Beth Anderson is the author of the new children's picture book Tad Lincoln's Restless Wriggle. Her other books include Lizzie Demands a Seat. She was a teacher for more than 20 years, and she lives in Colorado.
Q: Why did you decide to focus on Abraham Lincoln's son Tad in your new children’s picture book?
A: Thanks so much, Deborah, for having me back!
When I saw an article about Tad Lincoln being responsible for the first presidential turkey pardon, I was immediately drawn to investigate because it was a child who asked for mercy for the bird.
It was a fun little story, but it seemed a bit shallow until I dug in enough to find the relationship between Tad and his father, Abraham Lincoln. When I looked at all there was that led up to that act, I found an incredible story of father and son and realized that the turkey pardon was only one scene in a larger story that grabbed my heart.
Q: How would you describe the relationship between Tad and his father?
A: It was a relationship with many levels.
On the surface, Tad’s antics brought pure joy to his father at a time when Abraham Lincoln desperately needed Tad’s sunshine. They shared a love of animals, a tremendous sense of humor, a need to “play.” They had a “code” which was Tad’s special knock on the door, and his father promised to always honor the code and never turn him away.
On the serious side, they shared the deep sadness after the death of Willie, Tad’s brother, and both knew too well the pain of being ridiculed.
While Abe was called homely and degraded for being unsophisticated and having no formal education, Tad was teased by kids as a stutterer and labeled wild, spoiled, and unintelligent.
I originally shaped the story of a patient, guiding father and a frustrated, good-hearted son. But when I discovered research about Tad’s partial cleft palate, impaired speech, and likely language-based learning disabilities, I understood him at a deeper level, less of a rascal and more as a complex human being.
My agent suggested making Tad’s challenges a larger part of the story and framing the telling around him as a “differently-abled learner.” When I did that, Tad’s wisdom came through, his good intentions became stronger, and the conflict he faced with the people around him who expected “appropriate President’s House” behavior grew more purposeful.
Lincoln, who also was experiencing the disapproval of many who thought he wasn’t up to the job of leading the country through crisis, understood Tad as no one else did. And even though his workload was overwhelming, the President found ways to guide Tad and help him shine.
It was fascinating to see Abe Lincoln as loving father and how they each fulfilled the other’s greatest need.
Q: What kind of research did you do for the book, and did you learn anything especially surprising?
A: Well, I started with the turkey pardon, and then just followed the trail to find whatever I could about Tad and Abe’s relationship and activities. Once I saw how the events played out, 1863 seemed to be a significant year—a year that revealed transformation in Tad’s behavior.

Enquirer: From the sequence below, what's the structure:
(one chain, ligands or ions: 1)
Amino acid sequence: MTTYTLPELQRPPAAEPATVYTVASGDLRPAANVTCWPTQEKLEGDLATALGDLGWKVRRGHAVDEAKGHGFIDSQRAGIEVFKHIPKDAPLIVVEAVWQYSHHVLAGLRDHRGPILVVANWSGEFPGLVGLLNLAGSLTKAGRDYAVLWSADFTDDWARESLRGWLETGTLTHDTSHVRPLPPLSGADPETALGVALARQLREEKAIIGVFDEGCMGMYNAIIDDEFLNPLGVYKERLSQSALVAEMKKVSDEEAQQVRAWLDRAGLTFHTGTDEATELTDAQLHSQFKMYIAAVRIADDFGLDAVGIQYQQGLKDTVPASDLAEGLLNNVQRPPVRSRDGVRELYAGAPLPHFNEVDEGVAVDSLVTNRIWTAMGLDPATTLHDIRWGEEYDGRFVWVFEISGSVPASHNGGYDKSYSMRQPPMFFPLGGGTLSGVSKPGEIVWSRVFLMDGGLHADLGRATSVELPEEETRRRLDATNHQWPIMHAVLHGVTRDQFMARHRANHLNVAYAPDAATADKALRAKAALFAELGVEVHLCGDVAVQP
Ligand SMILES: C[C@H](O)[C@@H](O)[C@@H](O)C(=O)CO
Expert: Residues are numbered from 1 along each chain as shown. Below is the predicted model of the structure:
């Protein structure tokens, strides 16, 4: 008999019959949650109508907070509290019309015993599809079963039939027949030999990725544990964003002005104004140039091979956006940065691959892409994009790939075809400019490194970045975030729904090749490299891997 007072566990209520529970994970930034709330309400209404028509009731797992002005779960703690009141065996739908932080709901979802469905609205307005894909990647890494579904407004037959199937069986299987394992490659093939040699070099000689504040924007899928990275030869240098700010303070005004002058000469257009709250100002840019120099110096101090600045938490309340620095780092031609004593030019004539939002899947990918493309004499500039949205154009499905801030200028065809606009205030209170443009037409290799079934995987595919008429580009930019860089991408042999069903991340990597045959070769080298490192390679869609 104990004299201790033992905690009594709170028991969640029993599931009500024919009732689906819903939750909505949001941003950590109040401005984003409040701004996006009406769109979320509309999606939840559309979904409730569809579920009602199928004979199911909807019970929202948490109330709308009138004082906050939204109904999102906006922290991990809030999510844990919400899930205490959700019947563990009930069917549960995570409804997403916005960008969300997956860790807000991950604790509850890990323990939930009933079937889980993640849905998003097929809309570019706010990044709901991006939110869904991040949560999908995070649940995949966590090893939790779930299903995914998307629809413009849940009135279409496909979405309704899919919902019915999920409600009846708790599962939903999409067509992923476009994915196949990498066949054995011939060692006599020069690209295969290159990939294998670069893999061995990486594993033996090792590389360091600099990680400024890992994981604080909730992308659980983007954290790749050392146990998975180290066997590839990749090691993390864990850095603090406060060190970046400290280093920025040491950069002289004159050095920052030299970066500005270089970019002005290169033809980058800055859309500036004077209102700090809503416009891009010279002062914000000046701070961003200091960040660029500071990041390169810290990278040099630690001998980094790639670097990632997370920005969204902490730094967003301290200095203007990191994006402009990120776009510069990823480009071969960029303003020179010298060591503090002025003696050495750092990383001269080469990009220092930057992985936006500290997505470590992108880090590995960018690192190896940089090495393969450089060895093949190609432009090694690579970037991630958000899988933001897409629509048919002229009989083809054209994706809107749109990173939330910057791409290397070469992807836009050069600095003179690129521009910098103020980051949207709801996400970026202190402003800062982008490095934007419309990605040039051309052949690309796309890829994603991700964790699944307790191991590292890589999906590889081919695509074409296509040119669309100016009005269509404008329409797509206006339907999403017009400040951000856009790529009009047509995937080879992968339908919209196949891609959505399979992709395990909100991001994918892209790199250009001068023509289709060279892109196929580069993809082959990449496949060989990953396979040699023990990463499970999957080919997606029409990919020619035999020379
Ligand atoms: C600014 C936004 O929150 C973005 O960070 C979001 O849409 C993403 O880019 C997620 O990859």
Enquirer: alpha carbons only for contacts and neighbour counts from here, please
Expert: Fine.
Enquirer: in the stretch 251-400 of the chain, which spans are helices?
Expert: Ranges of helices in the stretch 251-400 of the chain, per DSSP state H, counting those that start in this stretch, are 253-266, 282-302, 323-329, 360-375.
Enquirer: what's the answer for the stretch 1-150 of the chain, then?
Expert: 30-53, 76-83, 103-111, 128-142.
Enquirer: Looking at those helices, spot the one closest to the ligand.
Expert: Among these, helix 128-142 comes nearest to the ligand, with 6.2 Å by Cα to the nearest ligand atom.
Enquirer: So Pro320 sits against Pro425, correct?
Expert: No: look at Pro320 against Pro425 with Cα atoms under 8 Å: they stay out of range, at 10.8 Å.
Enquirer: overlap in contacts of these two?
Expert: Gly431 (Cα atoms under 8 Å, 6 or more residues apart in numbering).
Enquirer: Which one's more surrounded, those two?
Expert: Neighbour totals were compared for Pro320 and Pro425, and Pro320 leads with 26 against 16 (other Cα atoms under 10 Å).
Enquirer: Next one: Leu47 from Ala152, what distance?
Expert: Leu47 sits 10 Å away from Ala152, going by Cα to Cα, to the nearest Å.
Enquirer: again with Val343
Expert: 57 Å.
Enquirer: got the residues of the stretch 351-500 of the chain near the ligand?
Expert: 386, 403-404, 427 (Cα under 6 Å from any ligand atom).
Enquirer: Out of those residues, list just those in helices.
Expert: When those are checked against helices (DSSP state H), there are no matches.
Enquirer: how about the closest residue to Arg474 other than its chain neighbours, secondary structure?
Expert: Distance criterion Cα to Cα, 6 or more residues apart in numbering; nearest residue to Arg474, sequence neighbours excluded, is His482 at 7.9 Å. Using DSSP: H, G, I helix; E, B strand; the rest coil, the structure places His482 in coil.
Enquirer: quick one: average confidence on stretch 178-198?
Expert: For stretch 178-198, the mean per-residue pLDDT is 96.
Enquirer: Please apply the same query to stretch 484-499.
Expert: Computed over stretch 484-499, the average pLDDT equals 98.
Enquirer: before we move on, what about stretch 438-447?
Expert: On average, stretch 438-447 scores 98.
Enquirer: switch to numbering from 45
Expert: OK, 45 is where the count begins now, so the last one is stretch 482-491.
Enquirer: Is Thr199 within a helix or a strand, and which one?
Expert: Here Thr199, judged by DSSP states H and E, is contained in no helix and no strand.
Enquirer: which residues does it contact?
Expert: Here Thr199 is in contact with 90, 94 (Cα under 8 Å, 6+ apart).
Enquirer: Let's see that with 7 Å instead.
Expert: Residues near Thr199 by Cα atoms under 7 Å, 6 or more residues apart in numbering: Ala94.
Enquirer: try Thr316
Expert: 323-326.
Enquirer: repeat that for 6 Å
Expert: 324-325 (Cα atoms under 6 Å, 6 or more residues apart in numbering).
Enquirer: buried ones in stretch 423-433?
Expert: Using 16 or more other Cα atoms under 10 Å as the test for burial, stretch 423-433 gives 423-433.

As I mentioned above, the key to digging deeper was framing the story around Tad as a “differently-abled learner.” Both surprising and fortunate was the discovery of extensive research that examined photographs of Tad along with reported speech production and pronunciation, his need for specially prepared food, and his learning difficulties.
Beyond the Lincoln family, I also did a lot of research on the White House, then called the President’s House, to get the lay of the land and allow me to “see” Tad in that setting—where he would run, where the president’s office was, the kitchen, and such.
I looked at maps of the grounds and Washington, D.C., to locate the War Department, hospitals, Tad’s errand destinations, and other locations mentioned in the research. Maps and floor plans always help me get my head into the story and really see it in action.
I dug out information on the staff, too, as they are an integral part of the story, and we’d have to portray them appropriately. I read books and articles by members of the president’s staff and President’s House staff in search of first-hand accounts of Tad and the impressions of others.
Q: What do you hope kids take away from the story?
A: I hope kids will laugh, enjoy Tad’s creativity, and appreciate his compassionate heart. I hope they get a glimpse into the history, the tender father-son relationship, and discover another side of one of our most famous presidents.
But most of all, I hope kids will understand that there is so much more to a person beneath the surface and with that, recognize their own goodness, as well as that of others, and all they have to offer those around them.
Q: What are you working on now?
A: As I write this, I’m at various points with books underway. 2022 releases are in final stages. I’m excited to get into the illustration process with a 2023 release.
And...I just sent off a new manuscript and hope to get started working on that with an editor very soon. It just happens to be another Lincoln story. As a child who grew up in the “Land of Lincoln,” I think the fascination with Abraham Lincoln has stuck with me.
With that story off my desk for a while, it’s time to start something new…I have a couple stories I’ve started to research and one “in the drawer” that might be ready for a revision attempt. Which pile shall get priority? My lips are sealed… Stay tuned!
Q: Anything else we should know?
A: Thanks for the opportunity to share a little about Tad Lincoln’s Restless Wriggle. After the past year, I think we all have a restless wriggle that aches to run free!
You can see the book trailer HERE. Please visit bethandersonwriter.com for more information on the book and to download the Educator’s Guide. Signed copies of all my books are available at Old Firehouse Books.
--Interview with Deborah Kalb. Here's a previous Q&A with Beth Anderson.